Prof Marco Fritzsche is a Associate Professor and Scientific Director of the Oxford-ZEISS Centre of Excellence. He leads the Biophysical Immunology Laboratory between the Rosalind Franklin Institute and the Kennedy Institute for Rheumatology at the University of Oxford, UK. The BPI Laboratory aims to unravel the impact of biophysics and mechanobiology on the human immune response in health and disease. For this mission, the BPI lab develop custom-built microscopy technology at the interface of biophysics and immunology. Prof Fritzsche holds a MSc in theoretical physics and conducted his PhD in experimental biophysics and cell-biology at the London Centre for Nanotechnology at the University College London, UK. He performed his Postdoctoral work at the University of Oxford in close collaboration with the Howard Hughes Medical Institute Janelia Farm, USA.
Spatially resolved metabolomics using mass spectrometry imaging of tissues
School of Natural Sciences – Department of Biosciences, Technische Universität München, Garching/Munich, Germany
Small metabolites are the building blocks of life and their sum constitute a chemical fingerprint of the cellular processes at play. Spatial metabolomics using mass spectrometry imaging is performed ex vivo, usually on fresh frozen tissue sections, and enables the localisation of small molecule metabolites, lipids and xenobiotics in two- and three-dimensional context in situ. In multimodal imaging workflows, this additional layer of information can be a crucial piece to generate a holistic view of the processes occurring in complex biological samples such as tissues, enabling the association of metabolites with certain cell types, tissue subregions or phenotypes. We are primarily deploying Desorption Electrospray Ionisation Mass Spectrometry (DESI-MS), an ambient MS technique that is ideally suited for multimodal imaging studies as it requires no sample preparation and leaves the tissue section intact for subsequent imaging-based analysis on the same cell layer. This presentation will showcase the main principles of spatial metabolomics and some applications from our group focussing on tumour metabolism and small molecule drug delivery and efficacy.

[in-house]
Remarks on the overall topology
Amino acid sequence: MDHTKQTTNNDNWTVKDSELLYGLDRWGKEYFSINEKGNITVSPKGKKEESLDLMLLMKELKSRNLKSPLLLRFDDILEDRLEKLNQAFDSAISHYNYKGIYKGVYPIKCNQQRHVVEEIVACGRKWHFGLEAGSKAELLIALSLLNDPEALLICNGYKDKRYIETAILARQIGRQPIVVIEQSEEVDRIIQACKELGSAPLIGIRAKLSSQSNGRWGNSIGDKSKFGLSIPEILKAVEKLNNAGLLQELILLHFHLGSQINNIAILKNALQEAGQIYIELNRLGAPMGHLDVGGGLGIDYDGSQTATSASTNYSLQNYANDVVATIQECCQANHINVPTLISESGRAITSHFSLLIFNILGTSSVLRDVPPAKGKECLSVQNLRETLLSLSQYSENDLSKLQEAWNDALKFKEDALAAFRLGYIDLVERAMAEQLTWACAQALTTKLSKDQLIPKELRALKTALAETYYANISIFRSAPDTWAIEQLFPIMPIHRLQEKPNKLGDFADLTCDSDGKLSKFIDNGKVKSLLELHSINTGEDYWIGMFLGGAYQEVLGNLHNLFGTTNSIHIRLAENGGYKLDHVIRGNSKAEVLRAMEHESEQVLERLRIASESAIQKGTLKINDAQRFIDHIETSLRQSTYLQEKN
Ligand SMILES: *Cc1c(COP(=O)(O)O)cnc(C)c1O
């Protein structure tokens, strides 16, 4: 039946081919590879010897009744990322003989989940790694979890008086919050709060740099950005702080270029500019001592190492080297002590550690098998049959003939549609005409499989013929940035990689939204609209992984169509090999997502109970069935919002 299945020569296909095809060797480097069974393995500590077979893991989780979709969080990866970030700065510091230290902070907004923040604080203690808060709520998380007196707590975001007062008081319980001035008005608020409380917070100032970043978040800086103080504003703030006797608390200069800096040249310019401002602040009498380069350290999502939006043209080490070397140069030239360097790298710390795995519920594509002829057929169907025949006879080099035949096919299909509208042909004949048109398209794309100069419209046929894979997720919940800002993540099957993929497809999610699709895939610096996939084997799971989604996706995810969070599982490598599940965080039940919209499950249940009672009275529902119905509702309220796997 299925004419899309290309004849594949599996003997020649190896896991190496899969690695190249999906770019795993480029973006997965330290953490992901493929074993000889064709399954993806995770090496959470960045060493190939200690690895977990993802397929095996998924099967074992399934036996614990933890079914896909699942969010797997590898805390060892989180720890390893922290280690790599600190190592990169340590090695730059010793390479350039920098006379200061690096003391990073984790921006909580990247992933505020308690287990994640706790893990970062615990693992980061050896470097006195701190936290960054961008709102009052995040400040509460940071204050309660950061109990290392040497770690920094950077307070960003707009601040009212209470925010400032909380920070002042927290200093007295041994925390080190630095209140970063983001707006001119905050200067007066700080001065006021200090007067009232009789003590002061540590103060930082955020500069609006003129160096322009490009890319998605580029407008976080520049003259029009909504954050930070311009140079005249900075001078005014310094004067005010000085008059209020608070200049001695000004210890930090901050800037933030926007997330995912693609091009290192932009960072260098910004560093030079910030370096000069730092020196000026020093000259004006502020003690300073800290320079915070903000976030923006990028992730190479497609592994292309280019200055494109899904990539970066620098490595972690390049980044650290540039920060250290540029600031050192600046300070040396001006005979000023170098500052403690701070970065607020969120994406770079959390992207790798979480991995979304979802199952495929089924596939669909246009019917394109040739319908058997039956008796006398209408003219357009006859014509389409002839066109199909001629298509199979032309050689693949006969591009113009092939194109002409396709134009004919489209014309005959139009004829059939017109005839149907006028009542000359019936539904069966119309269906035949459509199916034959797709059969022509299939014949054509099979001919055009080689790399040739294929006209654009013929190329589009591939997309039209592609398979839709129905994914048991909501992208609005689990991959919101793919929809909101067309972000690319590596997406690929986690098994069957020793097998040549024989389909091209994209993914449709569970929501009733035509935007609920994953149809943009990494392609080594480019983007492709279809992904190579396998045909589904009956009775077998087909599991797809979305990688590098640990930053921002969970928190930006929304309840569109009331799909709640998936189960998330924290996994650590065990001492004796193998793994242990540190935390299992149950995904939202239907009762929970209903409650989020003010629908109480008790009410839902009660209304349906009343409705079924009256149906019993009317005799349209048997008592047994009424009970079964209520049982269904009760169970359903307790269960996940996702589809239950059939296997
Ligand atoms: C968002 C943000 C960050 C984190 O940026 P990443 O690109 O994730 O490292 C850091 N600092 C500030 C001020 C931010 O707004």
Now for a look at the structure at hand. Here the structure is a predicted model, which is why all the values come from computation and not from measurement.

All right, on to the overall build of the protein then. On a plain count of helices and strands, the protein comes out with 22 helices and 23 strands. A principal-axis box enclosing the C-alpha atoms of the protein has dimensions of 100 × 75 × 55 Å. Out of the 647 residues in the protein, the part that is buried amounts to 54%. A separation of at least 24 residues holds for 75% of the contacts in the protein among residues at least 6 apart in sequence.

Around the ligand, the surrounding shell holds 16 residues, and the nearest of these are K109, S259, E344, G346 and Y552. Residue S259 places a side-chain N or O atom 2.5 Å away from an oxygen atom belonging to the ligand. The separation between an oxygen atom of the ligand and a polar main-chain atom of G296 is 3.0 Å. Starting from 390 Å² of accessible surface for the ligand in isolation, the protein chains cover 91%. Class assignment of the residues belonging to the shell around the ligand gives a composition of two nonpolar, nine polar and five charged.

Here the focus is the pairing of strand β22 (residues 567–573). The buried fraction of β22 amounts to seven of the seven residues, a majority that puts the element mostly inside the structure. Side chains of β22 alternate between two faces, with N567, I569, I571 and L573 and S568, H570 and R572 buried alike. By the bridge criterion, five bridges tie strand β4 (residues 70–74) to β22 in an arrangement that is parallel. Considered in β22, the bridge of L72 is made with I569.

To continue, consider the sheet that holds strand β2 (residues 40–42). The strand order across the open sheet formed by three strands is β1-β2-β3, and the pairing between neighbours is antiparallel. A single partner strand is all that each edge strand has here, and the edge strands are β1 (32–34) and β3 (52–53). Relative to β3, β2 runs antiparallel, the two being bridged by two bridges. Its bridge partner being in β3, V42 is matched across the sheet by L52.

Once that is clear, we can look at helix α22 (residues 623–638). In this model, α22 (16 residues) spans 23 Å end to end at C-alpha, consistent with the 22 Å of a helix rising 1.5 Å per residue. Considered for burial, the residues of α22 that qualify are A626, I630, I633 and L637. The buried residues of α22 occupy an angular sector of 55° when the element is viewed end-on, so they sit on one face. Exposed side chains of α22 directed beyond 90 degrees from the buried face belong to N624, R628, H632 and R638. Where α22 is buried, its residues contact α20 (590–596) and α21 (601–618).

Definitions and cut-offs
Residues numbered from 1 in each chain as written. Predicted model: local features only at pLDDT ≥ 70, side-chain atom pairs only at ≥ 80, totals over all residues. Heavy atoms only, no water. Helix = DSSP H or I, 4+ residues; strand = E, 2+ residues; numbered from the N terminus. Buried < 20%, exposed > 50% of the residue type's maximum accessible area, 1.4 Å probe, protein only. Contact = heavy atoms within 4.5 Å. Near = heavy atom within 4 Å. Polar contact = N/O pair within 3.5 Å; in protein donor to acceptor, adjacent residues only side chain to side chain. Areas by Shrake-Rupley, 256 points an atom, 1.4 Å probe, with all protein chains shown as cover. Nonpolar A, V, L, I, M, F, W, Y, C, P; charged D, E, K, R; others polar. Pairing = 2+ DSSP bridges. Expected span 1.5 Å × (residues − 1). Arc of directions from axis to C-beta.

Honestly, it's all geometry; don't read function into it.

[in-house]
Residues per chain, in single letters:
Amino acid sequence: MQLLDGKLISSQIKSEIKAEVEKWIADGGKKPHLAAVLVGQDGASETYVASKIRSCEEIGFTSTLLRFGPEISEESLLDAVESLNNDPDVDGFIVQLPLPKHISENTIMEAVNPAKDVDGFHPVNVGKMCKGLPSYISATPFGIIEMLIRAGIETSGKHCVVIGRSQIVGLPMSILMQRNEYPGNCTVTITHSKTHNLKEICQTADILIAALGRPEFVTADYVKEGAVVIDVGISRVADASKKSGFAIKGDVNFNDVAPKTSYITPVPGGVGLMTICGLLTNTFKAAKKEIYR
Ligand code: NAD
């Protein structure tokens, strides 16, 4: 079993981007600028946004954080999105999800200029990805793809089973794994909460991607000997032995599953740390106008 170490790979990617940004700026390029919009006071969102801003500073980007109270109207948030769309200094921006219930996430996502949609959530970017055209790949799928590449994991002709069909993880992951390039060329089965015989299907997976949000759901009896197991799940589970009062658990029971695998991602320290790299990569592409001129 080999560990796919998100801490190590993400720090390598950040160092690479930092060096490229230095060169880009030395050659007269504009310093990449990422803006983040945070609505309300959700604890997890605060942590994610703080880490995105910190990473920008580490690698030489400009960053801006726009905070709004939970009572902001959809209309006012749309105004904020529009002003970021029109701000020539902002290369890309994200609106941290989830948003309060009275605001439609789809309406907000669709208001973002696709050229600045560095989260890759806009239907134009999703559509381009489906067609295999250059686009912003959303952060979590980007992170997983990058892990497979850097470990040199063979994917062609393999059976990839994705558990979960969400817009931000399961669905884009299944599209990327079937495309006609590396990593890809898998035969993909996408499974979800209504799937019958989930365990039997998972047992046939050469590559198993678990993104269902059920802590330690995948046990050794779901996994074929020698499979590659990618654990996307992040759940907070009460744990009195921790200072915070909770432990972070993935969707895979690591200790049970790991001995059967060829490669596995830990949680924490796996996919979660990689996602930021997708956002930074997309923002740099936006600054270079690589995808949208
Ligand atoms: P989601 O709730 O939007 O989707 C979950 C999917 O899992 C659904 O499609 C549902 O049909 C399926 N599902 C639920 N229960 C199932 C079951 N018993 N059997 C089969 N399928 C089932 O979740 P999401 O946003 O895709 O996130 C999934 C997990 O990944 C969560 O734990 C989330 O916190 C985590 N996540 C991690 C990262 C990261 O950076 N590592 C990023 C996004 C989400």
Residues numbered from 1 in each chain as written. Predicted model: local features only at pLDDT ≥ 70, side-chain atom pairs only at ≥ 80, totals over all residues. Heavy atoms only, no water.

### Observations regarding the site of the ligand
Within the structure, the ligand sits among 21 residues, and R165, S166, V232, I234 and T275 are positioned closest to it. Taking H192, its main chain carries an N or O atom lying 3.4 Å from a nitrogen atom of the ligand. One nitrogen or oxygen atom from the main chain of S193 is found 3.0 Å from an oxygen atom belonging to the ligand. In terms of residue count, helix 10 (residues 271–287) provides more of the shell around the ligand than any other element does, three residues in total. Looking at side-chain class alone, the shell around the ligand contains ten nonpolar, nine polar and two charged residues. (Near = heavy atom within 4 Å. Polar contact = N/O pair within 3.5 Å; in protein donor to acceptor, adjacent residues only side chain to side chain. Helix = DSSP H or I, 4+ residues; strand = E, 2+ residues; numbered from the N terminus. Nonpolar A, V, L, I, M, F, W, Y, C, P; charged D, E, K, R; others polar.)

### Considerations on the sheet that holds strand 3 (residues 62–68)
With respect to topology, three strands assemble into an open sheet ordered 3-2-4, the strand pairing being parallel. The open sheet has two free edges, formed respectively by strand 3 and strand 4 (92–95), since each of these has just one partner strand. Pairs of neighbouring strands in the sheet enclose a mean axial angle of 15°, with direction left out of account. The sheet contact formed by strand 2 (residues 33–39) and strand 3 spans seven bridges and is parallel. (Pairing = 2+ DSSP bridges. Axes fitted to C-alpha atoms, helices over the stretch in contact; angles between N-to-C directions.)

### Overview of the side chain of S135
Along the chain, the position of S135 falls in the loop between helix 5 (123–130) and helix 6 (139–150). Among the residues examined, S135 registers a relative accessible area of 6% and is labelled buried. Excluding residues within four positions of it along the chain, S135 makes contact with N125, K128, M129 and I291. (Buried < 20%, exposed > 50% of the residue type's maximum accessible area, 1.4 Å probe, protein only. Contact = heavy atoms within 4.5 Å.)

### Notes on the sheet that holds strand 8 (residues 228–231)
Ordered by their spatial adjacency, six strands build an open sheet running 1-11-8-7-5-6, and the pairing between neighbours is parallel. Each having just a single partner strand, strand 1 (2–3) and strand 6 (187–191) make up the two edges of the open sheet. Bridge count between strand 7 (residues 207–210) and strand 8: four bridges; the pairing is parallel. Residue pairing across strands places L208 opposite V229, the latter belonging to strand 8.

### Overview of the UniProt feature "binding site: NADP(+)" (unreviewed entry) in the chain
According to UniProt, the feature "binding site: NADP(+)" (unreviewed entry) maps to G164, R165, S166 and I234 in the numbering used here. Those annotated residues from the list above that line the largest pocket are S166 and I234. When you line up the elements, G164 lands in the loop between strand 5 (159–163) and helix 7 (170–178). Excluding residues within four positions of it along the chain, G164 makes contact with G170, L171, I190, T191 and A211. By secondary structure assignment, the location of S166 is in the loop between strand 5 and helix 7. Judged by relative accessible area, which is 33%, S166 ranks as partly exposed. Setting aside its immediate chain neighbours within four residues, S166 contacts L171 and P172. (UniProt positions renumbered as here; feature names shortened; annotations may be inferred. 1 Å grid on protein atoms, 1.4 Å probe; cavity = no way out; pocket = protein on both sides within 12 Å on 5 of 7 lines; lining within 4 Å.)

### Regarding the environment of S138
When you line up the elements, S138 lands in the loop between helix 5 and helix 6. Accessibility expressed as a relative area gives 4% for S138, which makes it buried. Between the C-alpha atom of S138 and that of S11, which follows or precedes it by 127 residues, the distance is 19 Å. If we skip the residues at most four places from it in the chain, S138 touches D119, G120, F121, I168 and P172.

Prof. Nicole Strittmatter is a mass spectrometrist with special interest in metabolomics and in situ methods, especially spatial metabolomics using imaging mass spectrometry. Since October 2021, she is an Assistant Professor for Analytical Chemistry at the Technical University of Munich. She studied chemistry at the Justus-Liebig University in Gießen before starting her PhD in Analytical Chemistry at Imperial College London. From 2015-2021, she was working as Imaging Mass Spectrometry Scientist at AstraZeneca, UK, specialising in drug delivery projects.